TPL does not contain any provisions which are particularly harsh or unusual. Its central objective is that ‘the petroleum resources of the Republic of Turkey are rapidly, continuously and effectively explored, developed and produced by preserving the national interests.’ It updates the Turkish Constitution of 1982 which confirms that the ownership, right to explore, exploit and dispose of natural resources resides with the Turkish State. The right to explore and exploit natural resources are delegated through a licensing process, which is fulfilled by two agencies: The Energy Market Regulatory Authority (‘’EMRA’’) and the General Directorate of Petroleum Affairs (‘’GDPA’’), which is part of The Turkish Ministry of Energy and Natural Resources (‘’MENR’’).
The authority of each body depends upon the type of activity and the category of natural resource: EMRA issues licences for downstream activities and GDPA for upstream activities. The requirements for both types of licence depend upon the conditions set out by different Regulations. In addition to TPL, there two other pieces of relevant Turkish legislation: The Natural Gas Market Law and The Liquefied Petrol Gas Market Law.
EMRA is an autonomous regulatory body, which has responsibility for regulating and supervising the downstream oil and gas markets in Turkey, as well as for issuing licences to oil and natural gas market participants. It also has a mandate to set appropriate standards for market participants: implementing relevant legislation, enforcing that legislation, and where necessary, imposing sanctions that help to preserve a competitive market environment.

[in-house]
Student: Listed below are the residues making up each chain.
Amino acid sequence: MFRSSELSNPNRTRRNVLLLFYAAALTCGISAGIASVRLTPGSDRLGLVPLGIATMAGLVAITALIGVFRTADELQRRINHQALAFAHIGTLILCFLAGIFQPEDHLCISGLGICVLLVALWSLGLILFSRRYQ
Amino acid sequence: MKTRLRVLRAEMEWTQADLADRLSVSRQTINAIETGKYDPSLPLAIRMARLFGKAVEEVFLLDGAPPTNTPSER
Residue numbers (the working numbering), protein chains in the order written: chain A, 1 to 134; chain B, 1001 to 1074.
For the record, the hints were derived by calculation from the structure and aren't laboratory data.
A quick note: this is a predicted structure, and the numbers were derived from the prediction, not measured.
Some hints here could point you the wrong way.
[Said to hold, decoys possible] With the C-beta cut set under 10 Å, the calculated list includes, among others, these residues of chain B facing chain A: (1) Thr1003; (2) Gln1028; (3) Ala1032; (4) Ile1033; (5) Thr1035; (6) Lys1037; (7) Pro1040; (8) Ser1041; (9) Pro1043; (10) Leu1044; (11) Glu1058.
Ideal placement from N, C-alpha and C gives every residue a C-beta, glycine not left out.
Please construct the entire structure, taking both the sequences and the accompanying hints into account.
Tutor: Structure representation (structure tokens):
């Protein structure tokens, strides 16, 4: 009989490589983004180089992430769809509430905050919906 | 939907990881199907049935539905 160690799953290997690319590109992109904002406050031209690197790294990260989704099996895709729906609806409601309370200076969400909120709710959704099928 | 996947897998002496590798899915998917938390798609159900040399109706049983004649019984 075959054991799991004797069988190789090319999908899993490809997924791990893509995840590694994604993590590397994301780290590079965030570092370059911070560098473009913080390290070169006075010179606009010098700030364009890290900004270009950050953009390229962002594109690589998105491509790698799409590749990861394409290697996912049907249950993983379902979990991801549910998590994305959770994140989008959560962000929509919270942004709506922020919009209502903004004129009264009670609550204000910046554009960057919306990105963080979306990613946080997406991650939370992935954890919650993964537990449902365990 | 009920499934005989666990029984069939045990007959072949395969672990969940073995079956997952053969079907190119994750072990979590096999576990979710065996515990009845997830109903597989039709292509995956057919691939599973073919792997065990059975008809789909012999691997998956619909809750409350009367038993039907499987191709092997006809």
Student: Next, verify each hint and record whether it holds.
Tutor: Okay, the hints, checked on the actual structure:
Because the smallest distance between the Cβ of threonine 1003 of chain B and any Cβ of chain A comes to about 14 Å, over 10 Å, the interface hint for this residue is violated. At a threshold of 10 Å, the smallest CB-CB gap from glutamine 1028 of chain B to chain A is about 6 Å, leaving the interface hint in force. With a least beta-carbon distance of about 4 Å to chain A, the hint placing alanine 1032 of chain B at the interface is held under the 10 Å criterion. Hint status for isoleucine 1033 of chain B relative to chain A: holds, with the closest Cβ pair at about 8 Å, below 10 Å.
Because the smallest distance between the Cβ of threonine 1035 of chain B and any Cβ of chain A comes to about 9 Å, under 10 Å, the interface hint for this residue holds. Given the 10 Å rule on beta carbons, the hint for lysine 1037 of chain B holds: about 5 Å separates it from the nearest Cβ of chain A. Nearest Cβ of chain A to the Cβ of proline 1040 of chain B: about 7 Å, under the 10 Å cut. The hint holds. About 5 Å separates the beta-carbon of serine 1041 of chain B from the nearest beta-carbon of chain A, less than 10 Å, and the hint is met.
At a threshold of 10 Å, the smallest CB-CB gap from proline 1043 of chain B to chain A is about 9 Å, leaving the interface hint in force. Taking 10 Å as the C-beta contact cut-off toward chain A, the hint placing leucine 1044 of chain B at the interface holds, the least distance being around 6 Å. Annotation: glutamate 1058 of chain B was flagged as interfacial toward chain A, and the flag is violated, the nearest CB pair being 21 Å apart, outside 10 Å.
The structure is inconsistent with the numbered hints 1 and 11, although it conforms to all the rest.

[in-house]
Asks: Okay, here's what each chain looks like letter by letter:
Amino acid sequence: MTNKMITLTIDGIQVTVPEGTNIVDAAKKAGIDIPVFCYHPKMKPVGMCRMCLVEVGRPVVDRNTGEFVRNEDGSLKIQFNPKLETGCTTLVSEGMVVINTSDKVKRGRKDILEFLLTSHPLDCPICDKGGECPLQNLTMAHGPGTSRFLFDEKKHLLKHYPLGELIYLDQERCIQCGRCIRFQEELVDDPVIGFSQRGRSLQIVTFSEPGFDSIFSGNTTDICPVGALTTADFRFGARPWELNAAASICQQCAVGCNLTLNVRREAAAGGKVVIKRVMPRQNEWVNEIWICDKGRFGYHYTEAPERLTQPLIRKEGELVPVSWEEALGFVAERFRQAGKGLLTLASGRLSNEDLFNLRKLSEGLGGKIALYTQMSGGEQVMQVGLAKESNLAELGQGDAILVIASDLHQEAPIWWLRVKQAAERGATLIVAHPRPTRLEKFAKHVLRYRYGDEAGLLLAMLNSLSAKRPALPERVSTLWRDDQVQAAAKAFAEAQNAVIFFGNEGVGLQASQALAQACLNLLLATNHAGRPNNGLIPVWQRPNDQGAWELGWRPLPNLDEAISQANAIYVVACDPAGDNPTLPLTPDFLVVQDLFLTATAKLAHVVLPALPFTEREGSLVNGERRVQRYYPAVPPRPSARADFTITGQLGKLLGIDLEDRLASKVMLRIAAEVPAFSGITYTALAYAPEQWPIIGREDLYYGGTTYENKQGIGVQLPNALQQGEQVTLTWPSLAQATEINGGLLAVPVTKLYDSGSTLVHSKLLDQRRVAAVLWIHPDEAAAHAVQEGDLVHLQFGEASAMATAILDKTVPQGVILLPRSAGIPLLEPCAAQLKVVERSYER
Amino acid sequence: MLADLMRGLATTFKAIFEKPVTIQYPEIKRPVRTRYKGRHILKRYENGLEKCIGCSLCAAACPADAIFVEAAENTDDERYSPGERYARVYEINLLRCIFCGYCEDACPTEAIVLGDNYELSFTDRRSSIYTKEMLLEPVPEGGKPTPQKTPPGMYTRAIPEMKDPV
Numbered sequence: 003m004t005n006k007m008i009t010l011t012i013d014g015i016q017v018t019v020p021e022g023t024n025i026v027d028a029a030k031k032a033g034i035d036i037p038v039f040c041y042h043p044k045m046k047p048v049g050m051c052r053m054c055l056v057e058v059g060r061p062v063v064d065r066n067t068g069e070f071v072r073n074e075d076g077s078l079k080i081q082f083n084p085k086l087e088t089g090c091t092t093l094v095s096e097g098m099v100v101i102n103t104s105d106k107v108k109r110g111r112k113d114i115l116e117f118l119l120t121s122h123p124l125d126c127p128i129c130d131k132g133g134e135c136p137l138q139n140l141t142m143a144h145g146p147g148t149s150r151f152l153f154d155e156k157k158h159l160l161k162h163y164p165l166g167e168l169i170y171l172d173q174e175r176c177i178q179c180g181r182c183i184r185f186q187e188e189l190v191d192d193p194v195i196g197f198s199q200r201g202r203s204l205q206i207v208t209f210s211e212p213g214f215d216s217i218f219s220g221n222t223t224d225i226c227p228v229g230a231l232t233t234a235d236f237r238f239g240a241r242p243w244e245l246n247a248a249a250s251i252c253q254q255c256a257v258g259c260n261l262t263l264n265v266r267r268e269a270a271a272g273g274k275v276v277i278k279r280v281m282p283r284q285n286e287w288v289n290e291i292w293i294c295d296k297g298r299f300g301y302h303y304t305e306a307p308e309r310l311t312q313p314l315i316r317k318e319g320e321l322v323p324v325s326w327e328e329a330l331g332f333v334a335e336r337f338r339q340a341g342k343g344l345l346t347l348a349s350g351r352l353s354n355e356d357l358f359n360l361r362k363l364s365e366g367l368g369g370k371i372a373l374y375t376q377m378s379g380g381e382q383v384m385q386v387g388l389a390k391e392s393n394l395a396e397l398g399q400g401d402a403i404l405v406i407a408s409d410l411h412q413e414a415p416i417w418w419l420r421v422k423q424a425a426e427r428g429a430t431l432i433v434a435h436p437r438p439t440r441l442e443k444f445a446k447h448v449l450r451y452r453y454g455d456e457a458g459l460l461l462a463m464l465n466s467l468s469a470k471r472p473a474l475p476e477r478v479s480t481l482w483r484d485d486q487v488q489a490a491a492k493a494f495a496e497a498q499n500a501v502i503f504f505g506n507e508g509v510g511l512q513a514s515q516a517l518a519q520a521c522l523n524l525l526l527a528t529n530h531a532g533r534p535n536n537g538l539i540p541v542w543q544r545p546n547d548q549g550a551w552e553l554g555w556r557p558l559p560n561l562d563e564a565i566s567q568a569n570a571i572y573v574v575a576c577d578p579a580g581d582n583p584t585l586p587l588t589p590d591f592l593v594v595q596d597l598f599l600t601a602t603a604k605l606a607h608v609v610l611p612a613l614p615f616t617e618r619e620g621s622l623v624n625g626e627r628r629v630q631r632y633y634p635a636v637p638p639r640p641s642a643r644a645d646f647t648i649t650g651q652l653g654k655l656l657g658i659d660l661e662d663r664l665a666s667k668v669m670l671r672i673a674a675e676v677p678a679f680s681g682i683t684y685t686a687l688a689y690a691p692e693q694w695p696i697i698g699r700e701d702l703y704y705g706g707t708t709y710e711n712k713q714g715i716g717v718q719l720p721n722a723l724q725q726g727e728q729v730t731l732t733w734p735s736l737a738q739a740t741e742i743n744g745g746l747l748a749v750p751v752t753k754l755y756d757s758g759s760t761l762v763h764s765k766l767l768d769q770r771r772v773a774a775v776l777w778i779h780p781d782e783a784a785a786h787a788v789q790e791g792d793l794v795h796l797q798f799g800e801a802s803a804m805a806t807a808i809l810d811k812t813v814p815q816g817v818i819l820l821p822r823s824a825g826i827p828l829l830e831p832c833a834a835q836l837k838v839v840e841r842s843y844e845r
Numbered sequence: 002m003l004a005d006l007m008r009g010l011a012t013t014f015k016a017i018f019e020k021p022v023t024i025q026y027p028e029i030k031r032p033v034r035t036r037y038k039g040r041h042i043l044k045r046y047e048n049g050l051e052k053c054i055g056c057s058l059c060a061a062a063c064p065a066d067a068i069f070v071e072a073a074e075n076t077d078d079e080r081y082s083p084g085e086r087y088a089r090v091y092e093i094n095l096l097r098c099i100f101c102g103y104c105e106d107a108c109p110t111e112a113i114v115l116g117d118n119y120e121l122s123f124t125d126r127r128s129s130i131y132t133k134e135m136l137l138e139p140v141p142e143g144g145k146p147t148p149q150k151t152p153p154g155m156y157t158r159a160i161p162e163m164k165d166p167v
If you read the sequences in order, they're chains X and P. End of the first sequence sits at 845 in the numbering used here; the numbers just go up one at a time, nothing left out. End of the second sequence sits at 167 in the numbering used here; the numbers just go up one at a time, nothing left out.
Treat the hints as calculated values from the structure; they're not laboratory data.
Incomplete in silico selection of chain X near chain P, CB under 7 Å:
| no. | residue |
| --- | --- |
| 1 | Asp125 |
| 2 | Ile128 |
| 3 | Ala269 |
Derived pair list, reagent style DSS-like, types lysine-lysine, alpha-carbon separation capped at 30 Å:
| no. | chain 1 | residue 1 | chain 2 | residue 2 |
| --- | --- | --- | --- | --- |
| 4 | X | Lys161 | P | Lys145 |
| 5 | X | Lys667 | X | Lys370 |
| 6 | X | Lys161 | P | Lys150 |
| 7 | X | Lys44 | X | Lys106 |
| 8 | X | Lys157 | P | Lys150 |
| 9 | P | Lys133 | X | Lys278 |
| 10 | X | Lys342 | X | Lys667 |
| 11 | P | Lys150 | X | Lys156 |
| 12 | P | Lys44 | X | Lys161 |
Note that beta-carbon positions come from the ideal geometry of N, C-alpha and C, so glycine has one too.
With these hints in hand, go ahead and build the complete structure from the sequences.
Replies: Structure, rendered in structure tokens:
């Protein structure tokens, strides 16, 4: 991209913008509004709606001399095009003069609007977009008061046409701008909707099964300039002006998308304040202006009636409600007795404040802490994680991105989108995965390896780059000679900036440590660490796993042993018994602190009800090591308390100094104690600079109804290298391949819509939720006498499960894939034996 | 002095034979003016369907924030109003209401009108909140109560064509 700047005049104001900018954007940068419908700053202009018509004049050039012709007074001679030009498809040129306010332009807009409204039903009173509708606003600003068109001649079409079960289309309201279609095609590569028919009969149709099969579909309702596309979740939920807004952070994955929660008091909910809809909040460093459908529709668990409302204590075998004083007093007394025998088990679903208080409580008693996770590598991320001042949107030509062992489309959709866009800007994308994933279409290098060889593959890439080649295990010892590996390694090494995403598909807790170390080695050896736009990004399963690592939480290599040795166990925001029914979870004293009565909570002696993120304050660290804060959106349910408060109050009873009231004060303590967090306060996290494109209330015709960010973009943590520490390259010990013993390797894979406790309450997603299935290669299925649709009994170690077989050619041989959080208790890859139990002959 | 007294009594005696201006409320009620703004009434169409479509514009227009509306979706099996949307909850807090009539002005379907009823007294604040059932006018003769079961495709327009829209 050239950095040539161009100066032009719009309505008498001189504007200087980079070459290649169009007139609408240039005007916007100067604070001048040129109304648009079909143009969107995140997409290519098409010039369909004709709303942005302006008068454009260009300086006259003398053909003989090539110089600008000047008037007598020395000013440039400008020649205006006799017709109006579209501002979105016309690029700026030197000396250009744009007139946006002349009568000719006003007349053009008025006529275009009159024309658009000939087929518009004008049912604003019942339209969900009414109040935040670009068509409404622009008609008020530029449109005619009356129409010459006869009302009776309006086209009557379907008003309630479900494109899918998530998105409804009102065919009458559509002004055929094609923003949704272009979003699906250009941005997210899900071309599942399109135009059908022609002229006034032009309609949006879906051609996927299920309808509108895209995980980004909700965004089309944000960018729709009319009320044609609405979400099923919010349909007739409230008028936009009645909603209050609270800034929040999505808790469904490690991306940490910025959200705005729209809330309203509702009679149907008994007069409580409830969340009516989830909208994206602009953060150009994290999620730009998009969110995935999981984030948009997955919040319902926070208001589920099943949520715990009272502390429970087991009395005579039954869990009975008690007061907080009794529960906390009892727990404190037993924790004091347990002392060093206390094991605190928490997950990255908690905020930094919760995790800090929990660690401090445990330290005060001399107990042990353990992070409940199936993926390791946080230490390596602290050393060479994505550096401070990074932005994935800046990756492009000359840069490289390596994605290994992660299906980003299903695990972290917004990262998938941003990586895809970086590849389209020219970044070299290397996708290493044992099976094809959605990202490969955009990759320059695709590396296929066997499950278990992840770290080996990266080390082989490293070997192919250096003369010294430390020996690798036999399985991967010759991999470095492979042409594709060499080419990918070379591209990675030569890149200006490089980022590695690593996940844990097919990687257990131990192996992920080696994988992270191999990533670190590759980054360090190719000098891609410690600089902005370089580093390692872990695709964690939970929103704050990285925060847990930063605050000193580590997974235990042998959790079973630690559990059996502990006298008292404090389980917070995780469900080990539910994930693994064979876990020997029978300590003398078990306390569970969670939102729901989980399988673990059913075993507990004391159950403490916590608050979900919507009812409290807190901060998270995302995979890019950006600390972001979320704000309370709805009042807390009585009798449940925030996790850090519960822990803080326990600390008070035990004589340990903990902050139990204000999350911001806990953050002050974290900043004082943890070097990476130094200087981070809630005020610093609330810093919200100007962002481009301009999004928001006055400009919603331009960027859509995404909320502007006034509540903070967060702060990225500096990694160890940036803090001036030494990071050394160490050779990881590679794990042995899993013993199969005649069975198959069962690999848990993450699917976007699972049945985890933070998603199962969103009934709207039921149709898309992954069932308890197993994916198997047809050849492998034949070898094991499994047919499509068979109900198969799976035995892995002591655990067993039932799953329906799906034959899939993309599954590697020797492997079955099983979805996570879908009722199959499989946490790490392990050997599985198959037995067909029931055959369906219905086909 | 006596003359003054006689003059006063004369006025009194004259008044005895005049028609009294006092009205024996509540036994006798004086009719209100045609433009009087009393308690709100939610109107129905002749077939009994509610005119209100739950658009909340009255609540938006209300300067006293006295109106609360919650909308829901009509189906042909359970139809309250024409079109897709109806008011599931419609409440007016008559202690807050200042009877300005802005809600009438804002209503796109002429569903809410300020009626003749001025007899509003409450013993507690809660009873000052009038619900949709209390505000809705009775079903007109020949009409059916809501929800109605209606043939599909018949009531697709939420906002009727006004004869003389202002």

MENR’s principal responsibility is to analyse and determine strategic energy and natural resources requirements, evaluating Turkey’s short and long-term needs, and formulating the appropriate procurement policy objectives. In addition, it has another role as a market supervisor across multiple activities in the domestic energy sector: exploration, development, facility building, production, exploitation and distribution. MENR directly supervises the GDPA, which is responsible for issuing licences relating to exploration and exploitation activities and for supervising the upstream petroleum and natural gas markets.